• Marc Vander Maas

            Luddite |ˈlədˌīt|

            a member of any of the bands of English workers who destroyed machinery, esp. in cotton and woolen mills, that they believed was threatening their jobs (1811–16).
            • a person opposed to increased industrialization or new technology: a small-minded Luddite resisting progress.

            Feel free to mail your future responses to:

            Acton Institute
            98 E. Fulton St.
            Grand Rapids, MI 49503

            We’ll be sure to have someone transcribe your letter and post it.

          • Marc Vander Maas

            And allow me to preemptively post and respond to your next comment: Why do I have to descend to the level of personal attacks? Well, Curt, it’s not a personal attack so much as it’s a gentle bit of mockery, and I do it because you make it so, so easy.

          • Marc,
            It all depends on whether you view others as equals or not and how well you do at resisting temptation.

            Our conversation regarding technology and unemployment reminds me of when the wife and I argue about this regarding using easy pay vs going to a toll collector. My argument isn’t necessarily about the specific application as it is about us considering how our decisions and embracing of the new affects others. If all we do is to consider how whatever is new just affect us, then don’t belong to the same group of people whom Anthony Bradley describes as narcissistic? Aren’t we just going through life in a self-absorbed manner? And doesn’t being so myopic lead us to conform rather than question?

            So go ahead and mock if that is what you are doing. Realize that our comments about others reveal as much about ourselves, if not more, than they do about the people we are commenting on.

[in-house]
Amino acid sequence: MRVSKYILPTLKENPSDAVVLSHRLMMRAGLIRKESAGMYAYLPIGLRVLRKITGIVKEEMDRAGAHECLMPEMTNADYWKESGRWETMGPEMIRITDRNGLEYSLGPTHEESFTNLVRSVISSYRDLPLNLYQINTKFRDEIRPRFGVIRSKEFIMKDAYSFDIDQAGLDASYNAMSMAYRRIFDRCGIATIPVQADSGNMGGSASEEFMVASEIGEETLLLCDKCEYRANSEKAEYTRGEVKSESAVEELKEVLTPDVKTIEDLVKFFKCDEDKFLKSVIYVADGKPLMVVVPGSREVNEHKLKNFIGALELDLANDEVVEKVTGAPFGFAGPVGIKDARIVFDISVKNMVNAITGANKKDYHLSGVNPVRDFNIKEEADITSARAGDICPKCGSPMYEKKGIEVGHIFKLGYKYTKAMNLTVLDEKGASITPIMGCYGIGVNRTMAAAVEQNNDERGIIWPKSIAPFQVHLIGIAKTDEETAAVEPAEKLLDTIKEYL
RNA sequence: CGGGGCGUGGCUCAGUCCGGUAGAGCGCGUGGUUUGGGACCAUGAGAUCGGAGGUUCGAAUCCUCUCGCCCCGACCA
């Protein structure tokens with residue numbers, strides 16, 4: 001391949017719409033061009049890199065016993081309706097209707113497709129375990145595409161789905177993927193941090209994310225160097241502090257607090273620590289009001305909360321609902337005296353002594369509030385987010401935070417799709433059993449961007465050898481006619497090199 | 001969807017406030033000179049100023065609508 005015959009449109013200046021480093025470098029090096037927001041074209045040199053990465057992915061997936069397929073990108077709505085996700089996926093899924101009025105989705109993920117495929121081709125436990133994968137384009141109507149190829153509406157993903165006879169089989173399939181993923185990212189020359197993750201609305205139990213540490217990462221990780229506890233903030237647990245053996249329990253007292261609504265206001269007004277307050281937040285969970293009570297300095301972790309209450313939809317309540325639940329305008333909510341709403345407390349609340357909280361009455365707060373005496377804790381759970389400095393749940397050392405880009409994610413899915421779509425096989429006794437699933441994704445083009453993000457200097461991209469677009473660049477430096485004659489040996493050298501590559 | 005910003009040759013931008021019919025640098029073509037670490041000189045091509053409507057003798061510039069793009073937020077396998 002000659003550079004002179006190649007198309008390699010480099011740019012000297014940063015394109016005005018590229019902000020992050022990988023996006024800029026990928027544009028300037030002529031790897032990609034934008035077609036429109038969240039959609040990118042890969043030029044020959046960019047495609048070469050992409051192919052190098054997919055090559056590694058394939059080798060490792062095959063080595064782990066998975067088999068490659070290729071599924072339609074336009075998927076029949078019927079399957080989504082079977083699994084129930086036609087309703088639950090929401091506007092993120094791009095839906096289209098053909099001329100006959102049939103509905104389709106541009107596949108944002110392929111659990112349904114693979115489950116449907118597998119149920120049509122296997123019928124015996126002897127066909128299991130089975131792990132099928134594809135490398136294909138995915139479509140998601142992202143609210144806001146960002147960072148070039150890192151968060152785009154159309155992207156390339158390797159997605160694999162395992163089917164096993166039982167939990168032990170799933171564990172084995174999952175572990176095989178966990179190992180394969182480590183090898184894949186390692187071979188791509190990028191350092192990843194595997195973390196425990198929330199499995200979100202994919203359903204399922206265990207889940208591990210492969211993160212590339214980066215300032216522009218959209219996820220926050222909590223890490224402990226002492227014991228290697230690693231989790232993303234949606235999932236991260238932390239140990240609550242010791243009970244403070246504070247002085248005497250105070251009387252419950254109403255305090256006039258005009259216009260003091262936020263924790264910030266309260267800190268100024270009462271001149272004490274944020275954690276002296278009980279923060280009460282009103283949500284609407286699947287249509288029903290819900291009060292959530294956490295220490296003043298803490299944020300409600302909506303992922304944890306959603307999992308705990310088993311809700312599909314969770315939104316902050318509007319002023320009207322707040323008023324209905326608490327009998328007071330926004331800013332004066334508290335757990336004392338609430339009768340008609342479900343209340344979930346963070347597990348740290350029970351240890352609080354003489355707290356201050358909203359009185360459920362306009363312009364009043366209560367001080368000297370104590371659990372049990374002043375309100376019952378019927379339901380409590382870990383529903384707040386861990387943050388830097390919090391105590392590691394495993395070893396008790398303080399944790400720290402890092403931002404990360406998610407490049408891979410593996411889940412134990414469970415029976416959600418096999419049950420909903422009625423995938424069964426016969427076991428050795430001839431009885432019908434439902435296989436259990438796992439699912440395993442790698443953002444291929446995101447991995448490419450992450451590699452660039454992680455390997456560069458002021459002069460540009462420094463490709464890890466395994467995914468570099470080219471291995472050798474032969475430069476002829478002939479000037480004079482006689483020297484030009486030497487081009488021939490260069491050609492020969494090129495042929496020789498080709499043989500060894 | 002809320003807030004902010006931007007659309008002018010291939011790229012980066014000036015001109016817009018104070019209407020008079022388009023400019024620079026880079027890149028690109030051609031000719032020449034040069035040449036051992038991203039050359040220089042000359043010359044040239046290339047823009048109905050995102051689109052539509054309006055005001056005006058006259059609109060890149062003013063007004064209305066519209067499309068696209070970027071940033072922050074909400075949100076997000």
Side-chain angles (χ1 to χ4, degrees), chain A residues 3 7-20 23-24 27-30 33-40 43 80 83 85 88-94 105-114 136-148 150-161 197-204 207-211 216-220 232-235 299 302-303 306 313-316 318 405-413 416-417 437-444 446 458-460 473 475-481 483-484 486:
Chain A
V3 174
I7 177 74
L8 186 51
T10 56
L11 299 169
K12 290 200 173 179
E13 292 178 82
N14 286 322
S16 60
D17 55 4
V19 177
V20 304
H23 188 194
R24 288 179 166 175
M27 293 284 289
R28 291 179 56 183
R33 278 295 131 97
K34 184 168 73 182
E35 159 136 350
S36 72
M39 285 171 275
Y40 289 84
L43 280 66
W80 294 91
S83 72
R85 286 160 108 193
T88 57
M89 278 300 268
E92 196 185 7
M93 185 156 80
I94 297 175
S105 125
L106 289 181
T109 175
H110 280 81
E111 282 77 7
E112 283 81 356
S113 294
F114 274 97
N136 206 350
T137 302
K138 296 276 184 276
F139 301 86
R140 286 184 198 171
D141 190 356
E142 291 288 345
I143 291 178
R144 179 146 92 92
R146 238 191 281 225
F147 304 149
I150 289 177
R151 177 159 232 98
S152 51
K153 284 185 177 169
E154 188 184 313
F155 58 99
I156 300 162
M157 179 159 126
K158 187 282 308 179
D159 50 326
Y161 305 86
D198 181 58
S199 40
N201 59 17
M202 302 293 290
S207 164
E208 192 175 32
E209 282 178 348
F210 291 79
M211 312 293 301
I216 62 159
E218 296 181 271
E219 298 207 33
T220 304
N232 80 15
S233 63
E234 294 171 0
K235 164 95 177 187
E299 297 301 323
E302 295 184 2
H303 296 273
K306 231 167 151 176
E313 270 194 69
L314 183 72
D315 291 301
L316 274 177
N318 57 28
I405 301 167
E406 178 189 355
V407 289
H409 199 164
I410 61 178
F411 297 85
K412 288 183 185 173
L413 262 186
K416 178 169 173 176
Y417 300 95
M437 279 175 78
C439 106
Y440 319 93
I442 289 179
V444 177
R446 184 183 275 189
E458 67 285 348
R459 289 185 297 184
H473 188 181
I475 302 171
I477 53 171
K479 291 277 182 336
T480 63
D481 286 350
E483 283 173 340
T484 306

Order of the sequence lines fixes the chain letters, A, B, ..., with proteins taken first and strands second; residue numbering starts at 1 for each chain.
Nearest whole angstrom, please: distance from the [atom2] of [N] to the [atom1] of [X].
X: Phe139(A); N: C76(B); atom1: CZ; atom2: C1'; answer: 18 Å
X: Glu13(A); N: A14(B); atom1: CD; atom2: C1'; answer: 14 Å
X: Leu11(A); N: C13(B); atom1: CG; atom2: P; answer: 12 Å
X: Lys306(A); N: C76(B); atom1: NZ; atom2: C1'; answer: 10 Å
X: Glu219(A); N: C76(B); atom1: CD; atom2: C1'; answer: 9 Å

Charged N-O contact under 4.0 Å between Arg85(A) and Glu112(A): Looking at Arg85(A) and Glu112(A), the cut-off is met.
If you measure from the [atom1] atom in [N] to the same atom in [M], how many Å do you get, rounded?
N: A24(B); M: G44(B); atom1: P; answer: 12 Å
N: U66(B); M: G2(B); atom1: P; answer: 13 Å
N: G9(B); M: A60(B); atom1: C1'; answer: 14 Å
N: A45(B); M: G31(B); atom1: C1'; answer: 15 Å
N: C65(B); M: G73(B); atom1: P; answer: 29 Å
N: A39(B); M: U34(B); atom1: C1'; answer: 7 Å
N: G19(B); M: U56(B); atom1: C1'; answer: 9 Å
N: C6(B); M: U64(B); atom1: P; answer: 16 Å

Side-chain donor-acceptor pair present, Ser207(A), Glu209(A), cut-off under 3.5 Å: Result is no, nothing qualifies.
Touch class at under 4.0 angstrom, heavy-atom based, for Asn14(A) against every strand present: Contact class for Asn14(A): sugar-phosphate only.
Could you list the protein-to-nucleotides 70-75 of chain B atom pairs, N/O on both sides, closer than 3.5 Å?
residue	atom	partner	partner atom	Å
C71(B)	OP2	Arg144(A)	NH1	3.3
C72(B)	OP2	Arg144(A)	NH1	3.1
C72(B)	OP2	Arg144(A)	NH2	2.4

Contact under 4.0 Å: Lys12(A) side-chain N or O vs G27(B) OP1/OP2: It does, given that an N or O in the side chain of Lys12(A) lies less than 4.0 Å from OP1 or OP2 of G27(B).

• Marc Vander Maas

            It all depends on whether you view others as equals or not and how well you do at resisting temptation.

            Can you point me to what I wrote in this thread that you’re responding to with that statement? Because I really have no idea.

            As for toll booths, I remember riding on the Tri State tollway around Chicago when I was a kid. I remember the inconvenience of getting stuck in a big tangle of traffic every few miles, waiting for everyone to find exact change, waiting for people to receive change from the toll booth operators, and looking around at all the people with Illinois license plates while feeling some sense of pity for those who had to deal with this every day. When I go around Chicago now and see traffic buzzing through the EZ pass lanes, I do think of all the people whose lives are no longer regularly inconvenienced by those jams, and I’m happy for them. I bet for a lot of them, that’s a few hours per week that they can now spend with family or being productive in some other way. Unless you “embrace myopia” and insist on looking only at potential drawbacks.

          • Marc,

            Do you read what you write: